She's renowned as a novelist and one of the three famous sisters, but a detailed scientific analysis of Anne Brontë's collection of stones has revealed her to be a skilled collector with an active interest in geology.
The youngest of the Brontë sisters accumulated a collection of attractive specimens before her death aged 29 in 1849.
It was previously thought that she could have collected the items chiefly for their aesthetic value, however research by scholars at the University of Aberdeen has revealed that Anne was an informed and skilled participant in the emerging science of geology, which in the mid-19th century was enjoying what would become known as its ‘golden age’.
Using portable Raman spectroscopy, a technique used to identify the mineral composition of rocks and stones, researchers analysed Anne’s collection which is housed at the Brontë Parsonage Museum in Haworth in Yorkshire.
They found that as well as carnelians and agates which she collected in Scarborough, where she worked as a governess, the collection contained flowstone (a kind of calcium carbonate that formed in a cave like a stalagmite), and a rare kind of red obsidian which originated outside of the UK. It is also likely that Anne would have visited the Rotunda Museum close to where she stayed in Scarborough, which contained exhibits featuring the area’s geology.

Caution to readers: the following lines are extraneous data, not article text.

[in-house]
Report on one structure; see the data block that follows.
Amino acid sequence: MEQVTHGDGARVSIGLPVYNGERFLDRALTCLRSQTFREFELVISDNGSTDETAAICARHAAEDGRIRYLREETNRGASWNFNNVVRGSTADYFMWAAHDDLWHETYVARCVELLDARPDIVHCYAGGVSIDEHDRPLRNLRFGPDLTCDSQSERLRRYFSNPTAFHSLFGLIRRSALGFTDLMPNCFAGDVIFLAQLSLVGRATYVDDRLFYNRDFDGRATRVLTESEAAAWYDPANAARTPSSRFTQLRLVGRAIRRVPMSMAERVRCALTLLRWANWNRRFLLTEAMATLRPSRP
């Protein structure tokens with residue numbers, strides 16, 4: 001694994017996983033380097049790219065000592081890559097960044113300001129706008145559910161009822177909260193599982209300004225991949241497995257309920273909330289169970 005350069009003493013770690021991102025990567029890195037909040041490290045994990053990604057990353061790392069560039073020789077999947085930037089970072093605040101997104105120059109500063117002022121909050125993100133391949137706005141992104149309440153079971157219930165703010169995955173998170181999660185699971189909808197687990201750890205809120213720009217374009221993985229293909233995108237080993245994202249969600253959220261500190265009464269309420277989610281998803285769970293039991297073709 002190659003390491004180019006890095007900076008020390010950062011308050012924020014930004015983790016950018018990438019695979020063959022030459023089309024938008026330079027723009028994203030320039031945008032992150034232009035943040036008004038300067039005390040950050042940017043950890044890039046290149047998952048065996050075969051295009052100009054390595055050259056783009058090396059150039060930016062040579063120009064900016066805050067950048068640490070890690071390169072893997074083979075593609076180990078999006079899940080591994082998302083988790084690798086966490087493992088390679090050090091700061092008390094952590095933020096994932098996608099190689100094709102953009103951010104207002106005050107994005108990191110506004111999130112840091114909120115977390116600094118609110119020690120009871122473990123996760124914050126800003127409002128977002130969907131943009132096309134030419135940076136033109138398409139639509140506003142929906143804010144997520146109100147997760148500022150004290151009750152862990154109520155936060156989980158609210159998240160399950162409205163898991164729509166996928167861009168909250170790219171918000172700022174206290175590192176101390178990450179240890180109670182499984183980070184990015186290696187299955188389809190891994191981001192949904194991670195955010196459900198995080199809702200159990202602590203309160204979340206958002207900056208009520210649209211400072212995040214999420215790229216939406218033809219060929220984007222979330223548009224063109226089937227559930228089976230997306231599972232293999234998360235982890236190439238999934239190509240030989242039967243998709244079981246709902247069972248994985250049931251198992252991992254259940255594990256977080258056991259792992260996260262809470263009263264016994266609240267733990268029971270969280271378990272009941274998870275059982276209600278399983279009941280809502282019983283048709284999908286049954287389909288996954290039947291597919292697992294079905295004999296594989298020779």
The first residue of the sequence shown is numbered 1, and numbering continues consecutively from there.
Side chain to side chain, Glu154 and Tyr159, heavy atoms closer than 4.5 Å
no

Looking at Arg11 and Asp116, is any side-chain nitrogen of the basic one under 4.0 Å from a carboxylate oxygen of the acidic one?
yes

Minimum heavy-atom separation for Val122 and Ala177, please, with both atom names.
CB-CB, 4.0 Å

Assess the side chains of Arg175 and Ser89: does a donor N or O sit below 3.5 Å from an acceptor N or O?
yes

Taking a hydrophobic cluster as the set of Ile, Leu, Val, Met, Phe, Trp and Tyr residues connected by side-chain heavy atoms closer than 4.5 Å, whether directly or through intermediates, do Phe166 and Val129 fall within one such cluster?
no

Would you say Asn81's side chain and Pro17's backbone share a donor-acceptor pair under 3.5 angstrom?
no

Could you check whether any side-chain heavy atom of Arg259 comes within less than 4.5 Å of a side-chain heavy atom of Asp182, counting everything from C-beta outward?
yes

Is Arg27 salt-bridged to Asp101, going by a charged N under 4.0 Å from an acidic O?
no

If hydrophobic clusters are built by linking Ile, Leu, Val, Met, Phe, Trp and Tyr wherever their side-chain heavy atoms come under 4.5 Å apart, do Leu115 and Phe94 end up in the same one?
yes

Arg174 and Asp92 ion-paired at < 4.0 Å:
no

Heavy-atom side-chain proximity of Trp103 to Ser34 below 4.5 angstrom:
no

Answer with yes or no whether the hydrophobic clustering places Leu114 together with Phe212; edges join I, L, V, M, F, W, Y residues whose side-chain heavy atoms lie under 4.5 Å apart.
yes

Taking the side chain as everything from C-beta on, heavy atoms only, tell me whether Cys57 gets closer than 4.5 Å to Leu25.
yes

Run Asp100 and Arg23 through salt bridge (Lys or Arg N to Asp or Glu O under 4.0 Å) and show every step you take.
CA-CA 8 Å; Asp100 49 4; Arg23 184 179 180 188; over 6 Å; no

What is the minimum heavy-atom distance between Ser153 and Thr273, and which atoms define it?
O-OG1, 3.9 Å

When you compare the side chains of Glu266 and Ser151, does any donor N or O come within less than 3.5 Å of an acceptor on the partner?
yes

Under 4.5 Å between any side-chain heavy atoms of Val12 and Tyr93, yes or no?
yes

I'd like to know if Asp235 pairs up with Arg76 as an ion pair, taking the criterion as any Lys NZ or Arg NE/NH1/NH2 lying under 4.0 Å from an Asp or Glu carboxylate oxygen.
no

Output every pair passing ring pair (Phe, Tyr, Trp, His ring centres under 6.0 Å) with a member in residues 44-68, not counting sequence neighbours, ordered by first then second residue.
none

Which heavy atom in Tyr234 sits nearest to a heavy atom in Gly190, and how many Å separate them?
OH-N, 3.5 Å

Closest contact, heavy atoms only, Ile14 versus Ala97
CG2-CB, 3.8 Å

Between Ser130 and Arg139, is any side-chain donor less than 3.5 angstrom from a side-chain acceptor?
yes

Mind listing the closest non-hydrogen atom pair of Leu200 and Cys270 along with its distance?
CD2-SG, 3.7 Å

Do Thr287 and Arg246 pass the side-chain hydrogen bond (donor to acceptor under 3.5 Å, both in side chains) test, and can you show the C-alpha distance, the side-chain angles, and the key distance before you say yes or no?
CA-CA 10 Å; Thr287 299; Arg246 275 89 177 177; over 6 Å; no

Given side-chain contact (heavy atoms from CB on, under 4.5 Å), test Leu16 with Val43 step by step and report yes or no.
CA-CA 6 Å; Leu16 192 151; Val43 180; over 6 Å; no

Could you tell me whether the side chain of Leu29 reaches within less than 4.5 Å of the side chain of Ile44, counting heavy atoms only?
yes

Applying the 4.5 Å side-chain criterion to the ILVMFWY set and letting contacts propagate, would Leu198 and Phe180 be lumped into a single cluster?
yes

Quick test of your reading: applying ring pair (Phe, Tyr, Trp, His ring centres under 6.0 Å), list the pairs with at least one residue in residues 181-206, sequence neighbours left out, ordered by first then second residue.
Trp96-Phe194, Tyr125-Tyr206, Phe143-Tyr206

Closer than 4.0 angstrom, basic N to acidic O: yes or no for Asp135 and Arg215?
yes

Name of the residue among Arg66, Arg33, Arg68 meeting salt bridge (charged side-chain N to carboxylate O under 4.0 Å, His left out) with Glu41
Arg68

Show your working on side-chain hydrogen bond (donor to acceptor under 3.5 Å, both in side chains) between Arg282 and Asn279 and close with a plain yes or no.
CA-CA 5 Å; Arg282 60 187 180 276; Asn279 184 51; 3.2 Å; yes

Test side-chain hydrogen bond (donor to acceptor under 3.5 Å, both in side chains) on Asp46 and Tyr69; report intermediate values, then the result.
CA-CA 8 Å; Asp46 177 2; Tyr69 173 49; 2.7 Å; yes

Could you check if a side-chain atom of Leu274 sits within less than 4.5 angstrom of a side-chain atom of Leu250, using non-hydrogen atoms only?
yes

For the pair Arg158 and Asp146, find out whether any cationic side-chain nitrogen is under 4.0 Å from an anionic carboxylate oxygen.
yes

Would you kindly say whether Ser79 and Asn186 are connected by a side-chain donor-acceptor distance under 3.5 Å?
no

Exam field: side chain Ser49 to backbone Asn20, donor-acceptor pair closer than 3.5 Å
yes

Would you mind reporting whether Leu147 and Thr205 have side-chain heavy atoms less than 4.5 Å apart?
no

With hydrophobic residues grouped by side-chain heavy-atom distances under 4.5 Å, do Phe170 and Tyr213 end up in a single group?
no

Sally Jaspars, a student at the University of Aberdeen’s School of Department of English, is studying Anne Brontë as part of her PhD, and contacted Dr Stephen Bowden from the University’s School of Geoscience for assistance in analysing the collection. The results of their collaboration, which also involved Professor Hazel Hutchison of Leeds University and Dr Enrique Lozano Diz at ELODIZ, a company specialising in spectroscopy analysis, are published in Brontë Studies.
Sally said: “When I learned of Anne Brontë’s collection I thought it a great opportunity to engage in interdisciplinary research combining science and literature.
“Her interest in geology is mentioned in her literary works – indeed in The Tenant of Wildfell Hall she references the science and a book by Sir Humphry Davy directly.
“This is the first time that Anne’s collection has been systematically described and fully identified, and in doing so we add to the body of knowledge on Anne and show her to be scientifically minded and engaging with geology. She was an intelligent and progressive individual who was in tune with the scientific enquiry of the time.”
Dr Bowden added: “Our Raman spectroscopy analysis which we undertook at the Brontë Parsonage Museum shows that Anne Brontë did not just collect pretty stones at random but skilfully accumulated a meaningful collection of semiprecious stones and geological curiosities.
“Anne’s collection comprises stones that are sufficiently unusual and scarce to show that they were collected deliberately for their geological value, and it’s clear that her collection took skill to recognise and collect."